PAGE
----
Lynchburg, VA - Governor Bob McDonnell is urging all citizens to speak out against domestic violence. He released a public service announcement on the issue, saying "the signs of abuse often go overlooked." Many in our area agree.
As a former prosecutor and attorney general, McDonnell has seen many cases of domestic violence. His goal is to protect the victims and assure that offenders are brought to justice.
"By the time you're done watching this, four women in the United States will have been battered by their husband, their boyfriend, or their domestic partner," said McDonnell in his PSA.
It could be happening closer than you think.
"It's time to kind of cut the crap and get right down to the fact that this happens and we need to do something about it," said Jenna Foster, community outreach manager at YWCA.
Since 2008, Lynchburg Police have responded to nearly 4,000 domestic violence calls.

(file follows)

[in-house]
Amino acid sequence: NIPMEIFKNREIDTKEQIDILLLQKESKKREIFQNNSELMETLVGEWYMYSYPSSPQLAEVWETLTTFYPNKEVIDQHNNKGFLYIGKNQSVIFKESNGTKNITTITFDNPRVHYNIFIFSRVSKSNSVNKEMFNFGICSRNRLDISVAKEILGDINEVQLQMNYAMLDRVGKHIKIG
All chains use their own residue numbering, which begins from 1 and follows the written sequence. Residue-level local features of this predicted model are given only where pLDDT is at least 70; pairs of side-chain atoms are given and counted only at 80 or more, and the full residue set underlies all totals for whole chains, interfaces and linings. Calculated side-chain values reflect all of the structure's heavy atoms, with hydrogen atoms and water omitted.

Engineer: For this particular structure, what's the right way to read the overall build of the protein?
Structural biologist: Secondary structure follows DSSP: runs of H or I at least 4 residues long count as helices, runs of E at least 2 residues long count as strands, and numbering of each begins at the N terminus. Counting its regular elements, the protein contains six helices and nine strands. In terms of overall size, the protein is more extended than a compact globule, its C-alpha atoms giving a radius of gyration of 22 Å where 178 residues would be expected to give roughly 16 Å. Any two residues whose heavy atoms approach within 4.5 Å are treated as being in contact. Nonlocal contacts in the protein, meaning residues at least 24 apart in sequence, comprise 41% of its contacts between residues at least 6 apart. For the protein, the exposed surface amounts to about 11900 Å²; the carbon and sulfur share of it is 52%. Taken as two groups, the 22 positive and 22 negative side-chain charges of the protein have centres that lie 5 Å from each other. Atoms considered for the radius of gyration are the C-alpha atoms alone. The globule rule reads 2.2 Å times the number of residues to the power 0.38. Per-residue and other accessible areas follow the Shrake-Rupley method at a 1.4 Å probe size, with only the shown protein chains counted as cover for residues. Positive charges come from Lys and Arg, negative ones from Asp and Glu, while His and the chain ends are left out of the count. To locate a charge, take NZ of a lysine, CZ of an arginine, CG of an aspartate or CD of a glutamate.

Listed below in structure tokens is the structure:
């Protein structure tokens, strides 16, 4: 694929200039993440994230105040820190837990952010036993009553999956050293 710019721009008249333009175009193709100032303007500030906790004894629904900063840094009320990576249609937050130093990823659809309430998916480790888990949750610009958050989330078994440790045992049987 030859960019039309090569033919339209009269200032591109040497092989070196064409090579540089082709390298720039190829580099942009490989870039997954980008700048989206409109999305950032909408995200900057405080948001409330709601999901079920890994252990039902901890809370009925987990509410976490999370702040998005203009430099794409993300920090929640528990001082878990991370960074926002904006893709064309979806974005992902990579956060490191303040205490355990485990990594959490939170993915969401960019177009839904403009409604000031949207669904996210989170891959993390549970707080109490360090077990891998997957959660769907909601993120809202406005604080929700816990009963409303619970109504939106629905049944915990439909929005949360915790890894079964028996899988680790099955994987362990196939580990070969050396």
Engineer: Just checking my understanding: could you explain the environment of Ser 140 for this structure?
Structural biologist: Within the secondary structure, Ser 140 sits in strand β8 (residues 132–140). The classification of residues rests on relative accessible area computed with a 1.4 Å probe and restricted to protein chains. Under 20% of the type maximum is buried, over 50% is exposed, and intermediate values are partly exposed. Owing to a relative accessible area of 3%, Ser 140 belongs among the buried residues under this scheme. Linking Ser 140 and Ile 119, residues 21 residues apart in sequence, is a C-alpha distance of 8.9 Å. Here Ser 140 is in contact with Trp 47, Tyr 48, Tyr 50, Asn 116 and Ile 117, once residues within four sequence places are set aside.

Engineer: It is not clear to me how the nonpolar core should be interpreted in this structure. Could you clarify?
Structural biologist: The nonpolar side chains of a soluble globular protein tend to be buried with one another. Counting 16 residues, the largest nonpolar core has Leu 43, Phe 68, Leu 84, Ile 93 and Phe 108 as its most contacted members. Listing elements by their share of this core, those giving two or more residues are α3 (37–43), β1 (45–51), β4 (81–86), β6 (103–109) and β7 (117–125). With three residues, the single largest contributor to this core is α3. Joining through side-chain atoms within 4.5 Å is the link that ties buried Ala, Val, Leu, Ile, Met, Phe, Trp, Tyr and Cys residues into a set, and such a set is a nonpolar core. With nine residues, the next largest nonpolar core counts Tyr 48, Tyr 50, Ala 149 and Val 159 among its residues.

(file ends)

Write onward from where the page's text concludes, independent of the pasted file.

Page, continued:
"The longer it goes on, it tends to get worse without intervention," said Lt. Dave Gearheart with LPD.
Victims here in Central Virginia are often sent to Jenna Foster.
"At 3 o'clock in the morning with black eyes and cuts and bumps and bruises, no shoes," said Foster, talking about the victims she's seen.
But domestic abuse isn't always physical, it can also be emotional, economic or sexual abuse.
And it's a problem that doesn't typically go away on its own.
"At least in my experience, very few times can families work these ongoing domestic issues out by themselves," said Lt. Gearheart.
Foster says in this day and age, one in three women are victims of domestic violence.
"If you fit 20 women in a room that's practically seven women right there, which is awful," said Foster.
So, the advice: If you see the signs speak up.
"Stop the violence, stop the silence," said McDonnell in the PSA.
If you believe someone is a victim of domestic violence, Foster suggests easing into the conversation, show them you care and make them feel comfortable opening up.
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